Samantha Barks as Eponine
     Samantha gave a lovely performance as Eponine. I don't think she brought anything eye-opening to the role, but she turned in a fantastic performance. She looked far too beautiful though, in my opnion. There was no dirt or grit on her face, though I definitely saw eyeshadow and maybe a little blush, her hair might have been greasy, but it could have just as easily been styling product, and (and there's no non-awkward way to say this) her breasts were too perky. I suspect she was wearing a bra and if that's the case she really shouldn't have been. If she wasn't, perhaps she should have had a less fitted shirt with a higher/straighter neckline. I'm sorry, but I really don't believe those lines where she's mistaken for a boy when she has a gorgeous face and figure like that.

Nick Jonas as Marius
     Nick was passable as Marius. He was not a terrible singer or actor, but he was utterly outclassed by every other performer on that stage. It was clear though that he was trying his hardest and taking the role very seriously, so I don't hold it against him. I can hardly blame him for trying his hardest and coming up short. In a lesser production it wouldn't have been so noticeable, but on this stage, with these performers, he was the weakest link.

Katie Hall as Cosette
     . . . was the most adorable Cosette I've ever seen! This honor was previously held by Ali Ewoldt of the revival, but Katie had such a youthful charm to her and was so beautiful that I couldn't help but love her. Unlike most Mizzies out there, I love Cosette and shamelessly ship Marius/Cosette so I want a good Cosette, and Katie was a great one. She tapped into the character's innocence and youth perfectly and is just the cutest thing on stage this side of Billy Elliot. My absolute favorite acting choice of hers came during "One Day More!" when ValJean tells her they will be leaving Paris. Her face instantly looked like her world was falling apart because "No! I just met Marius and I love him and we're supposed to be together forever with our hearts full of love!" and it was just so perfect for the character.

     The Concert was technically fantastic. The lighting was phenomenal. They really thought about the artistry of the lighting for this production and how it would tell the story, not just how it would serve a simple purpose. The rows of electric that the stage lights were held on started off on stage and then rose epically and dramatically as the overture began. It was very Phantom of the Opera. They also lowered back to the stage as Act II began to help form the barricade. The set was spectacular. Nothing extravagant, and no changes but enough to give a sense of space and provide the actors a great spot to enter and exit from. The filming was wonderful as well. I never liked the way the TAC was filmed with all those extreme angles (nothing but up-the-nose shots or extreme wides for Ruthie Henshall? Seriously?) but the filming here nicely mixed zooms and wides to capture the action and made tasteful and judicious use of split-screens so they never looked cheesy, which was great.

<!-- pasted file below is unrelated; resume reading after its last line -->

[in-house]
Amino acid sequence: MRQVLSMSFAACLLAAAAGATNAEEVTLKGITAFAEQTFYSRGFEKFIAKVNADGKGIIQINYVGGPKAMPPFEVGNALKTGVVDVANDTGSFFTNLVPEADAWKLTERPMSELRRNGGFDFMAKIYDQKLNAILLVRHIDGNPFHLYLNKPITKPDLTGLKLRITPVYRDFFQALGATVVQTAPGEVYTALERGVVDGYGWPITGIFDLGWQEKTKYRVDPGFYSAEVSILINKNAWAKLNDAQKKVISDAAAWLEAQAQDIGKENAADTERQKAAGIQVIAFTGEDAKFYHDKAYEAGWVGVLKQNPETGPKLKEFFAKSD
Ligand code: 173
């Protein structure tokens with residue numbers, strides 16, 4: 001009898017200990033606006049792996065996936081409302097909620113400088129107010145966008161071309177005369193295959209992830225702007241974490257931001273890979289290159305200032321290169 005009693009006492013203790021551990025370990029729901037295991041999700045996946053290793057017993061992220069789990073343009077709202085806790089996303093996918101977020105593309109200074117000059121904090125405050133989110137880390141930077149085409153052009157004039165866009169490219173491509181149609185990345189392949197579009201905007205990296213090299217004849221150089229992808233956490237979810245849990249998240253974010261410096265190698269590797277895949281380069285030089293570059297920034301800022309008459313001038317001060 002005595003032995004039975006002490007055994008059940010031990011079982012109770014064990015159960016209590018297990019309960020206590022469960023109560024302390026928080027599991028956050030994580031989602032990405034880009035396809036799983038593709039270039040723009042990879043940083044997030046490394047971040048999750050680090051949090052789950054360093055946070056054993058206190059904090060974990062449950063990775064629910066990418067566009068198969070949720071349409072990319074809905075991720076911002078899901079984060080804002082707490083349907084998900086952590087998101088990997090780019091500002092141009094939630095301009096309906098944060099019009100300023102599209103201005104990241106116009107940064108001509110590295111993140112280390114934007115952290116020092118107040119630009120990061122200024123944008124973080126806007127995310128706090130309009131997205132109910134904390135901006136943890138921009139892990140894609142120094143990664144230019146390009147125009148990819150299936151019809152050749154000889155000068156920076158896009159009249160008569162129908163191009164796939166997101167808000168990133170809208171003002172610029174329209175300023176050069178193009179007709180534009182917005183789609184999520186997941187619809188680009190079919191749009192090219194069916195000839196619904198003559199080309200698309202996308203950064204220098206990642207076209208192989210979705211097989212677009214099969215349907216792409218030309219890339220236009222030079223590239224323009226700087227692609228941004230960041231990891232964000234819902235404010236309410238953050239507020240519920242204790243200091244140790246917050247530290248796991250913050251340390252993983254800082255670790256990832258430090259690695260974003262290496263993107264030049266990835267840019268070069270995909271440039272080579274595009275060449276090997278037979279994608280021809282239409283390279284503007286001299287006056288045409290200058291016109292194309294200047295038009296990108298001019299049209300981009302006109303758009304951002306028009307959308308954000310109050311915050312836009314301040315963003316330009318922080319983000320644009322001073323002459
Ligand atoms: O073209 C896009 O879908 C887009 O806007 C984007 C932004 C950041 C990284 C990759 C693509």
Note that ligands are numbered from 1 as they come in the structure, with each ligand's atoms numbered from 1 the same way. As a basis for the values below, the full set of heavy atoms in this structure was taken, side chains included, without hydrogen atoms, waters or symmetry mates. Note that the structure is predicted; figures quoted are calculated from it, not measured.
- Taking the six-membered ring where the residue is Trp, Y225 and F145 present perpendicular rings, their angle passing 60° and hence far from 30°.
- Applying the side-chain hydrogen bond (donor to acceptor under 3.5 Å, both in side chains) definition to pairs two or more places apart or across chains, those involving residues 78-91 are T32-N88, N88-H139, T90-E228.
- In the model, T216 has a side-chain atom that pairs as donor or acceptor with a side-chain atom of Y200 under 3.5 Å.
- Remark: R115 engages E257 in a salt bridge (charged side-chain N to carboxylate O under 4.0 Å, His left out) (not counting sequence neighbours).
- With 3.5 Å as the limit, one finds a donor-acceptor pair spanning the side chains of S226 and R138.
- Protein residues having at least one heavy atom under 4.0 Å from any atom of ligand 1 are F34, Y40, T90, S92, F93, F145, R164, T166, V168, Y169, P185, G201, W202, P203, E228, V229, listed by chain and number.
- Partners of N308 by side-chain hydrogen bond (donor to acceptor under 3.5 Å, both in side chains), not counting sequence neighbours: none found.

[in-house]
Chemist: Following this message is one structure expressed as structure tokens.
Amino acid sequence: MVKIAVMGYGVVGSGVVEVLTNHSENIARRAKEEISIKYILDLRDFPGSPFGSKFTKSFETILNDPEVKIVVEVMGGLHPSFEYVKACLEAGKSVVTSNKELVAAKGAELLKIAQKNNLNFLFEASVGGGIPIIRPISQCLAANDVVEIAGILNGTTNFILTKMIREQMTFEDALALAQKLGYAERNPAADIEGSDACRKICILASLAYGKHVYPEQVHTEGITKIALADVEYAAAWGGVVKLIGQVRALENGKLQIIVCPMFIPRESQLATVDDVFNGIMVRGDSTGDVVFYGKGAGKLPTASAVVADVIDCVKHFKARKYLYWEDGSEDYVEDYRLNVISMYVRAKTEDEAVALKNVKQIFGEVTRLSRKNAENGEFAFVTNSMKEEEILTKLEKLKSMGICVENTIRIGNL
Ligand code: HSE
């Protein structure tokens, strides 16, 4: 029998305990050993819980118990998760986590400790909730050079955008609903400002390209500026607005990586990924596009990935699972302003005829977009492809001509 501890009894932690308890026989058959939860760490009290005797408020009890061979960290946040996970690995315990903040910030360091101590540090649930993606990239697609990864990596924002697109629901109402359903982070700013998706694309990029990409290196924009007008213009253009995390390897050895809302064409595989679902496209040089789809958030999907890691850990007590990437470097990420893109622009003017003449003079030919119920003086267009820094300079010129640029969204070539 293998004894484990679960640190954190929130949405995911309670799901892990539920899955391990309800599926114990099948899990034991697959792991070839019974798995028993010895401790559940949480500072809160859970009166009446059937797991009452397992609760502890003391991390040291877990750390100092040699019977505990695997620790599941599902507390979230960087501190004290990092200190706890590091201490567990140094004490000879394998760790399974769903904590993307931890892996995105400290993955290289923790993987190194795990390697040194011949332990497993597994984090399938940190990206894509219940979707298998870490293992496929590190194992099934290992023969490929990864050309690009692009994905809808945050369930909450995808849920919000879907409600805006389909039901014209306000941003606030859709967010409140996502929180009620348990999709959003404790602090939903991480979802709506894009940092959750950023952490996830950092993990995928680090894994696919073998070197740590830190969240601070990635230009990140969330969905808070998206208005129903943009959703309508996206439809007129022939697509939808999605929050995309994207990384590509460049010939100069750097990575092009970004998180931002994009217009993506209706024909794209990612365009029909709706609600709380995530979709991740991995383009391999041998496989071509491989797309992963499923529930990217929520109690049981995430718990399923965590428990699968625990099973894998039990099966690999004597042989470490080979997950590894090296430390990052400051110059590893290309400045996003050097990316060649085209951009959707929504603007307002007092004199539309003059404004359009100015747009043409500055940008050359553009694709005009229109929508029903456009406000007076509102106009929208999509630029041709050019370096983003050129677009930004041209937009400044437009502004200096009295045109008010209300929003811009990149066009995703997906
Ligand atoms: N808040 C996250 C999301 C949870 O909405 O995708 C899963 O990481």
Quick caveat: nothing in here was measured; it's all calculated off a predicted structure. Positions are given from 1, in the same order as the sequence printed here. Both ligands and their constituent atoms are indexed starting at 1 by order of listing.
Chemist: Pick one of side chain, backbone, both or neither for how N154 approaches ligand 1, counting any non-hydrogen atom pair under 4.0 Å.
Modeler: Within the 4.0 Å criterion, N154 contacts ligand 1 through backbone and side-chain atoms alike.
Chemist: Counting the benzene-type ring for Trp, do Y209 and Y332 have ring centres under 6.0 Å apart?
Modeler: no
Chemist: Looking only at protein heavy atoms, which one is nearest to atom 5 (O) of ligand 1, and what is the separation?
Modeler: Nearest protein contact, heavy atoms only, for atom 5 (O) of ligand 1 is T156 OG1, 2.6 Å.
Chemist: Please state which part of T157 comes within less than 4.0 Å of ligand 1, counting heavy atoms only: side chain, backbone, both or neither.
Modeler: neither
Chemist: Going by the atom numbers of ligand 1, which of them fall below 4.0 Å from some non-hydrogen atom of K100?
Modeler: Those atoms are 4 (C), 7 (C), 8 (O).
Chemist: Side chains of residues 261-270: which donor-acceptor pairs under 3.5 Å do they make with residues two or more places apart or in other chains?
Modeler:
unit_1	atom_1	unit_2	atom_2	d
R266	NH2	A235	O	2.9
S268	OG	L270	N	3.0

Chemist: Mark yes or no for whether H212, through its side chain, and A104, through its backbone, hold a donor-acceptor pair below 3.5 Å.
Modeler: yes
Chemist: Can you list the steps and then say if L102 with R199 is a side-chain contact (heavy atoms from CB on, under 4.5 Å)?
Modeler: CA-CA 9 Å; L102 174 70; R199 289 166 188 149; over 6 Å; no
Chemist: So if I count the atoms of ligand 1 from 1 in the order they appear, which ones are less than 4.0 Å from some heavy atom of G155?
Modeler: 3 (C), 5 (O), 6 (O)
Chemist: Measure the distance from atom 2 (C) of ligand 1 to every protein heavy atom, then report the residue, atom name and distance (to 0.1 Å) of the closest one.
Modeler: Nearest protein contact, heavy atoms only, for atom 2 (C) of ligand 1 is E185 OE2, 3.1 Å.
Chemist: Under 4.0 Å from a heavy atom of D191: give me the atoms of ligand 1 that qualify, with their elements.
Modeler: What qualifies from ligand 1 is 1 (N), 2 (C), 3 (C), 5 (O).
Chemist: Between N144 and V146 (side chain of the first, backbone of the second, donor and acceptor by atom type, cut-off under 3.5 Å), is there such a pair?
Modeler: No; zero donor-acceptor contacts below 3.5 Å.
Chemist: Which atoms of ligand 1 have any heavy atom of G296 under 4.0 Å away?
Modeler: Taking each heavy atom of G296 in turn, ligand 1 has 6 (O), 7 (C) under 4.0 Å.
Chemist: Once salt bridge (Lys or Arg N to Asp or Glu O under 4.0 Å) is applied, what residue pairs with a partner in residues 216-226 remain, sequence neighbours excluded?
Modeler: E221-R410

After the concert finished with Les Miz's beautiful, beautiful finale Cameron mackintosh (the Producer) gave a speech, introduced composers Alain Boublil and Claude Michel Schonberg and lyricist Herbert Kretzmer for their speeches, then the Original London Cast came on stage to thunderous applause, followed by the current West End cast and the current UK Touring Cast. Colm Wilkinson (OLC, OBC, 10th Ann. ValJean) began singing "Bring Him Home" and was joined by the other three ValJeans (John Owen Jones of the Tour, Simon Bowman of West End, and Alfie Bowe, of the Concert) for a beautiful rendition. Then the Original cast performed "One Day More!" with every company joining in as the ensemble and the evening concluded with some lucky school productions joining the professional companies for the "Finale".

     The concert was fantastic and I can't say enough good about it. I really do feel this show works better in a concert setting. I've seen the show four times now, twice high school and twice professional, and have always found the show, no matter how good the performances, to be a bit long and muddled. The concert versions, however, I feel have a better clarity and pacing.

ETA: I forgot to mention the most exciting news of the night: Just before the end credits started to roll a message confirmed that the film version of Les Miserables is in the works from Universal Studios!


Nov. 18th, 2010 11:43 am (UTC)
Great review! :)
Nov. 18th, 2010 05:09 pm (UTC)
Thanks! I forgot to add the most exciting news: after the concert ended and the credits started to roll they confirmed that the film version of the musical was on its way!
Nov. 19th, 2010 12:10 am (UTC)
That is awesome news!